“Nor would I pledge a hawk for her safety, if she fall into his grace’s hands, whether with her lord’s consent or no,” replied the young nobleman, laughing. “Your royal father is fearfully incensed.”
“Better destroy them root and branch at once,” said the prince, who, like all weak minds, loved any extremity better than a protracted struggle. “Exterminate with fire and sword; ravage the land till there be neither food for man nor beast; let neither noble nor serf remain, and then, perchance, we shall hear no more of Scotland. On my faith, I am sick of the word.”
“Not so the king, my royal lord,” returned his companion. “See how eagerly he talks to my lords of Pembroke and Hereford. We shall have our sovereign yet again at our head.”
And it was even as he said. The king, with that strong self-command which disease alone could in any way cause to fail, now conquering alike his bitter disappointment and the fury it engendered, turned his whole thought and energy towards obtaining the downfall of his insolent opponents at one stroke; and for that purpose, summoning around him the brave companions of former campaigns, and other officers of state, he retired with them to his private closet to deliberate more at length on the extraordinary news they had received, and the best means of nipping the rebellion in the bud.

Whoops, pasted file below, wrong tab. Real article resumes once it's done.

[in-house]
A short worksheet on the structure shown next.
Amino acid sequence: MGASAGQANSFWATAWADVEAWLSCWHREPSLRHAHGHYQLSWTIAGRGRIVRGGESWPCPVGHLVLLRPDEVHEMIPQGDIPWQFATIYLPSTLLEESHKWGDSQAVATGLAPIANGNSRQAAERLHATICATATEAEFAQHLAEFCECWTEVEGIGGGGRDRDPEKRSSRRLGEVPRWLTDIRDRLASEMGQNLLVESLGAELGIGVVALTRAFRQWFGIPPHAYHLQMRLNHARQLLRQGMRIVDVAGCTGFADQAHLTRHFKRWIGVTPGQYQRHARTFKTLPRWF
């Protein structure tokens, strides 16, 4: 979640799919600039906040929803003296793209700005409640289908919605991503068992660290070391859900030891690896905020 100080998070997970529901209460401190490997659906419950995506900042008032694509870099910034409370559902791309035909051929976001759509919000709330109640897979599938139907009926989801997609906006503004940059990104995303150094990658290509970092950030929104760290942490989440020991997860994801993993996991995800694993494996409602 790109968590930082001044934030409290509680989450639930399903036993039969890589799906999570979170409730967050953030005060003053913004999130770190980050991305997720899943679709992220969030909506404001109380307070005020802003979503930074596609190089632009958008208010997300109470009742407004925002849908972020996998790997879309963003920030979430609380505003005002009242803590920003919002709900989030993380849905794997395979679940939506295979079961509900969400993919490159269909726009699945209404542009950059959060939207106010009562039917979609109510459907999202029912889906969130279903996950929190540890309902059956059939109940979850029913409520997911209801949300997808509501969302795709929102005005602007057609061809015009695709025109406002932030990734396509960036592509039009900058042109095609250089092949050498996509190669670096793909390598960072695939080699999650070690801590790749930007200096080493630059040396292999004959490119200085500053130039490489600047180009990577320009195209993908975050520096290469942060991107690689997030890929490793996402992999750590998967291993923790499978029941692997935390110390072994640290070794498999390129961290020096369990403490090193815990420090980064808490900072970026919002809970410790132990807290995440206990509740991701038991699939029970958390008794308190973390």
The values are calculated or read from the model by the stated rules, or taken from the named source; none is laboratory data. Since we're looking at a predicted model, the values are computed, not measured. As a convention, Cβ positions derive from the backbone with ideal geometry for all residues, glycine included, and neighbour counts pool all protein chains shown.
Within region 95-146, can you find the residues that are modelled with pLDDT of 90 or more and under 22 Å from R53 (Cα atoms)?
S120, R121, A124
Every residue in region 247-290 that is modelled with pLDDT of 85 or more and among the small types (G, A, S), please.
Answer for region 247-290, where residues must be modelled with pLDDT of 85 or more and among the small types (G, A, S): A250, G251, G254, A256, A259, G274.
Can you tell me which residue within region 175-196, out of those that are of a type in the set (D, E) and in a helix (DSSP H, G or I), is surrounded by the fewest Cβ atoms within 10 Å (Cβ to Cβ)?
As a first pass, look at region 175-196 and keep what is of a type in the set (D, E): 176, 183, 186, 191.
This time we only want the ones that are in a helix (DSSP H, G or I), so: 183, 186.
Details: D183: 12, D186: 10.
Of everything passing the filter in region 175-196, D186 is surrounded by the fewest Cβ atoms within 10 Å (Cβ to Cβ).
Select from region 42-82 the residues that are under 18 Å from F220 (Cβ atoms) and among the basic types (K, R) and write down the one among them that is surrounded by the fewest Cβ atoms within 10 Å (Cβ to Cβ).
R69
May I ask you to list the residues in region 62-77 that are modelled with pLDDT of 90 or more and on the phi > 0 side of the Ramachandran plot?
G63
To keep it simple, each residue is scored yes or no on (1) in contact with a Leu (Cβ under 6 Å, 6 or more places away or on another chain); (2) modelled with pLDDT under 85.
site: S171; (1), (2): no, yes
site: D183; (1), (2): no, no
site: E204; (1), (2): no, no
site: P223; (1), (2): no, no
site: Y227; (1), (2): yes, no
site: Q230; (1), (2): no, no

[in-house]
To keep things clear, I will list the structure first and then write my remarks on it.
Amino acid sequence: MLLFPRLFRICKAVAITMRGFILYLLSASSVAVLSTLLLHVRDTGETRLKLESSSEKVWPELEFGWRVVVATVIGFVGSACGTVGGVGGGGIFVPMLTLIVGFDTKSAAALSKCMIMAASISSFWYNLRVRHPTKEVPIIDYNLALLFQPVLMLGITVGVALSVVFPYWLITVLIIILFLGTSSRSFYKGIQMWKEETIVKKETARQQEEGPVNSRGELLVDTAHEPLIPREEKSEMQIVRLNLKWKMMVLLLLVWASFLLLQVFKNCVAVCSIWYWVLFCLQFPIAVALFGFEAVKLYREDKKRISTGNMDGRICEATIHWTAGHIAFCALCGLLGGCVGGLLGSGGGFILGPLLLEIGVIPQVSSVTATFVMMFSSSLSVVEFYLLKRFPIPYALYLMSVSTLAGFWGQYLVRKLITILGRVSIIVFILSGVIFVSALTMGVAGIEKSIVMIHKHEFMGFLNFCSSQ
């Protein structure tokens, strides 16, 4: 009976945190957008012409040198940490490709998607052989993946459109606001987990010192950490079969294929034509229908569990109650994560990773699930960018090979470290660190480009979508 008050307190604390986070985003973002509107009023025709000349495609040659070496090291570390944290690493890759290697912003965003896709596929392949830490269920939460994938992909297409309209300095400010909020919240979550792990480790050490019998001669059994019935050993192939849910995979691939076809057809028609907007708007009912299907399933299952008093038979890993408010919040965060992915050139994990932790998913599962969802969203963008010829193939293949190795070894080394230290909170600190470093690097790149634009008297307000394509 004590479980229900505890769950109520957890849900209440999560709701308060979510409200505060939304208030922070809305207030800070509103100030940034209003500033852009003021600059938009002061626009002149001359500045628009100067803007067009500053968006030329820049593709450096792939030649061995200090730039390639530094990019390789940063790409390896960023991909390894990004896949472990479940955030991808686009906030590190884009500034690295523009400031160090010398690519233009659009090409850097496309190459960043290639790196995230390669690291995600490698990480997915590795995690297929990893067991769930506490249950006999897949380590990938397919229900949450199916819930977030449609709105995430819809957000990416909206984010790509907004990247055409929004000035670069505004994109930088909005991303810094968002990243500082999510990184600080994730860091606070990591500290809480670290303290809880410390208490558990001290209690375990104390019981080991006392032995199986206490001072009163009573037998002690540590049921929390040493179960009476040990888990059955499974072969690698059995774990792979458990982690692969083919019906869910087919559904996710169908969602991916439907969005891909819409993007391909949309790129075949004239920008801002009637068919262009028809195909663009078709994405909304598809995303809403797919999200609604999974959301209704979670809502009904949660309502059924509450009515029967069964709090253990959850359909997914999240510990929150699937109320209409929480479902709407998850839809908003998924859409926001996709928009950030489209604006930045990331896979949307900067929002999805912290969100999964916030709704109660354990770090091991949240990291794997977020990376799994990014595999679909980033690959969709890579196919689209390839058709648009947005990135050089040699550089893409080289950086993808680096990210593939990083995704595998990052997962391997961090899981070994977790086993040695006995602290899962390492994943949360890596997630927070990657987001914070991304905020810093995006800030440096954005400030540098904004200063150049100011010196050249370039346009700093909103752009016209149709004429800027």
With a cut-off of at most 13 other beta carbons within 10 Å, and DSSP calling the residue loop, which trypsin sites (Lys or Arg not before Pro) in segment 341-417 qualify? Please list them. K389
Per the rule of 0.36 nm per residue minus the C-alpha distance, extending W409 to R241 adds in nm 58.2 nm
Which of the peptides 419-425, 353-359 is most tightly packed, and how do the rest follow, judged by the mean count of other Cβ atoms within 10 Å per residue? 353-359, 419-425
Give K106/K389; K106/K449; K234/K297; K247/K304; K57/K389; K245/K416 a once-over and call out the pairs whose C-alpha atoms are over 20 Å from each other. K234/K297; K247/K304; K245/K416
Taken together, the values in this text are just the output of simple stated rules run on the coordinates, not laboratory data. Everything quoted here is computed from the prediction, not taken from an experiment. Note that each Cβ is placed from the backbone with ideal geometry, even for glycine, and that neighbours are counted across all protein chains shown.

The evening of this eventful day found the Scottish earls seated together in a small apartment of one of the buildings adjoining the royal palace, which in the solemn seasons we have enumerated was always crowded with guests, who were there feasted and maintained at the king’s expense during the whole of their stay. Inconveniences in their private quarters were little heeded by the nobles, who seldom found themselves there, save for the purpose of a few hours sleep, and served but to enhance by contrast the lavish richness and luxury which surrounded them in the palace and presence of their king; but to the Earls of Buchan and Fife the inconveniences of their quarters very materially increased the irritability and annoyance of their present situation. Fife had stretched himself on two chairs, and leaning his elbows on the broad shelf formed by the small casement, cast many wistful glances on the street below, through which richly-attired gallants, both on foot and horseback, were continually passing. He was one of those frivolous little minds with whom the present is all in all, caring little for the past, and still less for the future. It was no marvel, therefore, that he preferred the utter abandonment of his distracted country for the luxury and ease attending the court and camp of Edward, to the great dangers and little recompense attending the toils and struggles of a patriot. The only emotion of any weight with him was the remembrance of and desire of avenging petty injuries, fancying and aggravating them when, in fact, none was intended.